How Authentication in Internet Banking Works


Once considered unique to each individual, artificial intelligence has shown the human voice to be convincingly cloneable. In banking, this means that voice-based biometric passwords are no longer the fail-proof layer of unhackable authentication bank users hoped they would be. These new frontiers in Internet banking challenges make up the Wild West of the authentication industry. 

Luckily, the Federal Financial Institution Examination Council (FFIEC) acts as a kind of sheriff, providing guidance for industry best practices. The FFIEC addresses some of the most long-standing security threats known when it comes to verifying the identity of a new or established user. The latest guidance on “Authentication and Access to Financial Institution Services and Systems”  arrived in 2021, supplanting previous advice. In this document, the council “describes enhanced authentication methods that regulators expect banks to use when authenticating the identity of customers using the online products and services.” 

What is FFIEC’s authentication in an Internet banking environment?

You expect to present identification when you open a bank account. To use a bank account online, you must log in to a website or bank application. Each login attempt includes an authentication or process of proving your previously verified identity. But it’s not just consumers with a bank account who should be authenticated. Consumer-permitted third parties (such as budgeting software that accesses bank data) and employees should also be authenticated to increase the safety of bank and user data and funds. 

More than just a login issue, FFIEC authentication in an Internet banking environment refers also to proper management of emails used in banking, IT help desks, and call centers used by consumers. 

Recommendations for financial institutions include threat identification through detailed risk assessments to analyze the threat landscape, among other areas of guidance. 

Why Authentication in Internet Banking Matters

Think back to the Equifax data leak of 2017. The leak exposed personal information like names, dates of birth, addresses, and Social Security numbers. With that type of personal information exposure for millions of users in one hack alone, the ability of thieves to impersonate victims for financial crimes increases. These types of leaks and hacks are not uncommon. Consider the hack of information from users of 23andme. As cybercrimes proliferate and personal data is made available, layers of authentication become crucial for business operations. In banking, it can be a final stop before fraudsters access a user account or bank’s organizational network.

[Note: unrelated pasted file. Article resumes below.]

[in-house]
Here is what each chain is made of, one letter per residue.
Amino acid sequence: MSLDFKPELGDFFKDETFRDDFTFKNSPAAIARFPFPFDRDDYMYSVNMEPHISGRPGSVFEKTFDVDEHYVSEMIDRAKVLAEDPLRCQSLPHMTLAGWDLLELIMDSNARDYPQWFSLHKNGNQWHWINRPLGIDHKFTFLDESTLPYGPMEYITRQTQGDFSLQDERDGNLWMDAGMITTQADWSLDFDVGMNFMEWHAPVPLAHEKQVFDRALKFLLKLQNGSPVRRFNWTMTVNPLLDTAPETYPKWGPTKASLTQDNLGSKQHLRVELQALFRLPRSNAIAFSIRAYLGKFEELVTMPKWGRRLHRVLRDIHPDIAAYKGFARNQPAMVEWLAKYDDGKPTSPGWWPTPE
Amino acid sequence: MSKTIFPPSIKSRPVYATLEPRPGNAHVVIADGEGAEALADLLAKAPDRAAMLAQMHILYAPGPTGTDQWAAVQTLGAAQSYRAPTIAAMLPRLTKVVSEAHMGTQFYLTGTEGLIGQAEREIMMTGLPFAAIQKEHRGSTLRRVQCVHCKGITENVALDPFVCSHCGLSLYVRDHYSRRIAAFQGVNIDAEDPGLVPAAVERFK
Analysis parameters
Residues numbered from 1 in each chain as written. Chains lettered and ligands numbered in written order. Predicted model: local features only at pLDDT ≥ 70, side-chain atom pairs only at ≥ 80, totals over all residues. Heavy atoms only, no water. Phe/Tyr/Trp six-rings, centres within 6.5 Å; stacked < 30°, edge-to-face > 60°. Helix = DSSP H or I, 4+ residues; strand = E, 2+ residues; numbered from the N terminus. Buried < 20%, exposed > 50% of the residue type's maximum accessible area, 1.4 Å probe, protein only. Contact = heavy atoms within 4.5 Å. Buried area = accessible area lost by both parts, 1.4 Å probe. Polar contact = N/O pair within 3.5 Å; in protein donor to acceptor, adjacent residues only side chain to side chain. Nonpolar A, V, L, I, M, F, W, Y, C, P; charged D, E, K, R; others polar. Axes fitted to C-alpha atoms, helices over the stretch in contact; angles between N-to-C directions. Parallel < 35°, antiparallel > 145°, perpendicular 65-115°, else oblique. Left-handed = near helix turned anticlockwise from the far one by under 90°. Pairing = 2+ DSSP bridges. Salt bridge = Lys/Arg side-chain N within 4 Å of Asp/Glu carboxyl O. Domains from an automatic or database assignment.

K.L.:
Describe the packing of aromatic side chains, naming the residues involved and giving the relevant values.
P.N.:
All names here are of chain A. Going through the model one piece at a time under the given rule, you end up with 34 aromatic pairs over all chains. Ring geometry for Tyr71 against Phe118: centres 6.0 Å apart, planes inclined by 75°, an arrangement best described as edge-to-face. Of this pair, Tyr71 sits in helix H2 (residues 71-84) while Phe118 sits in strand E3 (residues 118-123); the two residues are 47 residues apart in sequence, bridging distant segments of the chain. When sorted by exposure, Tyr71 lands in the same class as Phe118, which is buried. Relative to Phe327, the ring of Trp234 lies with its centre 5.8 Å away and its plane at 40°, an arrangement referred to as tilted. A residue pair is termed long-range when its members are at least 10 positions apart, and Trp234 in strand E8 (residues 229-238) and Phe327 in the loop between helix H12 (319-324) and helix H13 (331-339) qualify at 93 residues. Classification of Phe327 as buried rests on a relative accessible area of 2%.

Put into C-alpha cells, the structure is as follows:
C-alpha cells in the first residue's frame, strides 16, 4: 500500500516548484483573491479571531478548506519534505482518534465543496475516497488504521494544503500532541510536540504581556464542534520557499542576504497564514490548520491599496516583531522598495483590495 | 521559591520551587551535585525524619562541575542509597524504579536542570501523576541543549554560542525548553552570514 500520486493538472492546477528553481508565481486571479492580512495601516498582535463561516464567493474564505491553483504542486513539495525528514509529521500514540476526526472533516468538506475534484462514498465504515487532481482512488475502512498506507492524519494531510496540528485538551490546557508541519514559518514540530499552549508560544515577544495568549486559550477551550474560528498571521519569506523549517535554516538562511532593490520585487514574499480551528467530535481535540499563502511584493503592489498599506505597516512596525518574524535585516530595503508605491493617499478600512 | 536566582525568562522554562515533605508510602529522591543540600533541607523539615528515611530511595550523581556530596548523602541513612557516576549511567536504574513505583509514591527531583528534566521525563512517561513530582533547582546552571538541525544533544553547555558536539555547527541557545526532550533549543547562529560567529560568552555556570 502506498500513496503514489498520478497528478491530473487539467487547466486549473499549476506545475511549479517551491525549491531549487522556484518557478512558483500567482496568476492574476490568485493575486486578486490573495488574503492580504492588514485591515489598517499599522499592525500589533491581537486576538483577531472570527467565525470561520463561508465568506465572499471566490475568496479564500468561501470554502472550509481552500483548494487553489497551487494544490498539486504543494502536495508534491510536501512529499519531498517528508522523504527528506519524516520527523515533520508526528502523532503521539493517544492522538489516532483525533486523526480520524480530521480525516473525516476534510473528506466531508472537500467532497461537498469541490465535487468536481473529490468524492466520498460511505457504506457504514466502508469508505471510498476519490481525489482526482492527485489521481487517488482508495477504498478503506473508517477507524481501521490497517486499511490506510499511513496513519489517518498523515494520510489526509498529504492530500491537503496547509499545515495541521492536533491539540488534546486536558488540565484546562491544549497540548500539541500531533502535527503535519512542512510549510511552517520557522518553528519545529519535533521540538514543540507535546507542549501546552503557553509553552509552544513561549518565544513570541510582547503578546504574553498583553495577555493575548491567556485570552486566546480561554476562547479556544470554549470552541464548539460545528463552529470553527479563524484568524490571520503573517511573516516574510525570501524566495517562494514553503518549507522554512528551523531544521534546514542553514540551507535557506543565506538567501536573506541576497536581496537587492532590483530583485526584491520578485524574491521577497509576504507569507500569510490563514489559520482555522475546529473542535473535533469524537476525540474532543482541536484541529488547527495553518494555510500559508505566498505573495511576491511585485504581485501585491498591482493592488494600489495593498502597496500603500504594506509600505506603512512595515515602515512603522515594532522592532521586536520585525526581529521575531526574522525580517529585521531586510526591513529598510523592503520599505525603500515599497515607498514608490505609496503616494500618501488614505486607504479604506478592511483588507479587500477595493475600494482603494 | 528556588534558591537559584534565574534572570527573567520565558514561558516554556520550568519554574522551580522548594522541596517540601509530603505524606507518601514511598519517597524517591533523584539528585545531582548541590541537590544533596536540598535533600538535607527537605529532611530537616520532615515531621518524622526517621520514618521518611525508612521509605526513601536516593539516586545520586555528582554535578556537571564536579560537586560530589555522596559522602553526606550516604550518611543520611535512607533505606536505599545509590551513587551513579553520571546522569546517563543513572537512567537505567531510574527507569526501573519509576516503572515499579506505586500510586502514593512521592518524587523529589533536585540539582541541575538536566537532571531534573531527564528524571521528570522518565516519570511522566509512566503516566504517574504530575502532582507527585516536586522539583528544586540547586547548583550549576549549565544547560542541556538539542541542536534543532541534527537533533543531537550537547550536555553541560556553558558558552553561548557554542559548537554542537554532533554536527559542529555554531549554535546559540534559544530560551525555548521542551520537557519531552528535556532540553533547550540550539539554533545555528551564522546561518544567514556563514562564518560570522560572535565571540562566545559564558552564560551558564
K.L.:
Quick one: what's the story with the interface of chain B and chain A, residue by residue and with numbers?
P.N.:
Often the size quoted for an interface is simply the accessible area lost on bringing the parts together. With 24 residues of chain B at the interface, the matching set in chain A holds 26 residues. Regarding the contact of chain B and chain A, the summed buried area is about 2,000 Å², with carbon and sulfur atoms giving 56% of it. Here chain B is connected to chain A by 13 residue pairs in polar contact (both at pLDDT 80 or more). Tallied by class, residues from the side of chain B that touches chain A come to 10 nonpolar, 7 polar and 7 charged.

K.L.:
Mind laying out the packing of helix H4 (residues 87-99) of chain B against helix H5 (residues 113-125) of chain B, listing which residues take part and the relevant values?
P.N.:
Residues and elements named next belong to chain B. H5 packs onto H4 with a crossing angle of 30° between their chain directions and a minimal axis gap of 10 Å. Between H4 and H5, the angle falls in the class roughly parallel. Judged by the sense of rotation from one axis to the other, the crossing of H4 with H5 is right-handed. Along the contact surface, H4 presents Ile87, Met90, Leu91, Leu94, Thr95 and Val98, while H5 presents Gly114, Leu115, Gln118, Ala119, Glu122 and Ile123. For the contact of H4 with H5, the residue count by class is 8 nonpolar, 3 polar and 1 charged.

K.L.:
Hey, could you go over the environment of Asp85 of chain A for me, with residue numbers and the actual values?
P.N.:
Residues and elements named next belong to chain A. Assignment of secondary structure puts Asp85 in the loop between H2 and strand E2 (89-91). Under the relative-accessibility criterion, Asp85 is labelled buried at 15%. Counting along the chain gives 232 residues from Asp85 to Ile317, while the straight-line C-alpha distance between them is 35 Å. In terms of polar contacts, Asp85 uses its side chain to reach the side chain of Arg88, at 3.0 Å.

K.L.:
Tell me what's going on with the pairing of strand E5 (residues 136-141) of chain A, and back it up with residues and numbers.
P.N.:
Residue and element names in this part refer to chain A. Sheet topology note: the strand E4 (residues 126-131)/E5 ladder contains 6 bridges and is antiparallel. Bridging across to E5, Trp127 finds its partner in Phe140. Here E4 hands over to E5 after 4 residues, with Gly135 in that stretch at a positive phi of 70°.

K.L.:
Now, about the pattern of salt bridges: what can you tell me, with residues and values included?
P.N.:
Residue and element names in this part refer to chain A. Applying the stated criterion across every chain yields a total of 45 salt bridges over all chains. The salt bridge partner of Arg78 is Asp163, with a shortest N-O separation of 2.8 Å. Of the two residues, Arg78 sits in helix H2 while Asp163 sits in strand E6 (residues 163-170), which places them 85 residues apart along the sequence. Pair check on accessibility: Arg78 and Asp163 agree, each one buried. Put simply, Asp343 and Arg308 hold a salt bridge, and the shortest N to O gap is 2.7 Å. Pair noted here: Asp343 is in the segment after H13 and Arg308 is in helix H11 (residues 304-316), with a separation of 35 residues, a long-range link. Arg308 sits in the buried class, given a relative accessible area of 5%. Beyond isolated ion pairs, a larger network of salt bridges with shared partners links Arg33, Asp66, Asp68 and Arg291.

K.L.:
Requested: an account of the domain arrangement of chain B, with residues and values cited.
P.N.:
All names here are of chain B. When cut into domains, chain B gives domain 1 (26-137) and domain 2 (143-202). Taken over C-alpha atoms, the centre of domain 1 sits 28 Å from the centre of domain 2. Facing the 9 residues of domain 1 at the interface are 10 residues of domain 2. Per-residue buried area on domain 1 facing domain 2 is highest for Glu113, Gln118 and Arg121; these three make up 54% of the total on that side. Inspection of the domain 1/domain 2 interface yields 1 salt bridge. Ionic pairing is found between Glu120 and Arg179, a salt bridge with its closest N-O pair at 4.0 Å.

Luckily, compliance with authentication standards set out by the FFIEC can support compliance with consumer financial protection laws. 

How Authentication Works in Internet Banking Environments

Each unique institution is granted the leeway to apply its own standards in authentication. That’s because each unique institution has its own risk profile and uniquely intricate technological and operational practices. However, the FFIEC recommends the use of multi-factor authentication (MFA), which is defined as the use of something a user knows, something a user has, and something a user is. The use of memorized secrets, secrets that can be looked up, out-of-band devices, one-time passwords, biometrics, and cryptographic keys are allowed. 

Additionally, the guidance from the council recommends regular evaluation of all known security threat points. Notwithstanding the rise of social engineering or the use of manipulation and deceit to obtain personal identifying information from victims, continued vigilance against the use of simple passwords and single-password-only logins can help retail and commercial financial bank operations remain safe. 

Trends and Updates in Internet Banking Authentication

As described by the FFIEC, old information systems can create uniquely fruitful opportunities for security attacks. In these systems, security patches may not be up to date for various reasons. But it’s not just long-serving and out-of-date systems that create challenges for security. Trends and updates in Internet banking authentication most often center on relatively recent developments like the increased use of third parties and application programming interfaces (APIs). 

Increasingly, even artificial intelligence presents the opportunity for fraud in surprisingly sophisticated ways. We discussed the possibility of cloning a voice to use over the phone as an ID in our introduction. This thwarts voice biometrics, but AI has also shown that it can take a single image of a person and animate it, potentially throwing a wrench in plans banks have to authenticate users by way of a photo ID coupled with a live selfie. This prospect looms large in the risk environment already rife with synthetic identity fraud. Creative solutions remain to be seen but are surely on the horizon. 
BankersHub offers certifications for supervisors, managers, and top-performing staff to help them move up the ladder as leaders in banking. Our eBanking Professional Certification dives deep into topics like “FFIEC Guidance on Authentication in Internet Banking” and fraud. Our eBanking Specialist certification delves into topics such as “Understanding the Identity Theft Red Flags Rule” and “Mobile Security Threats” to enhance your mastery of these topics.


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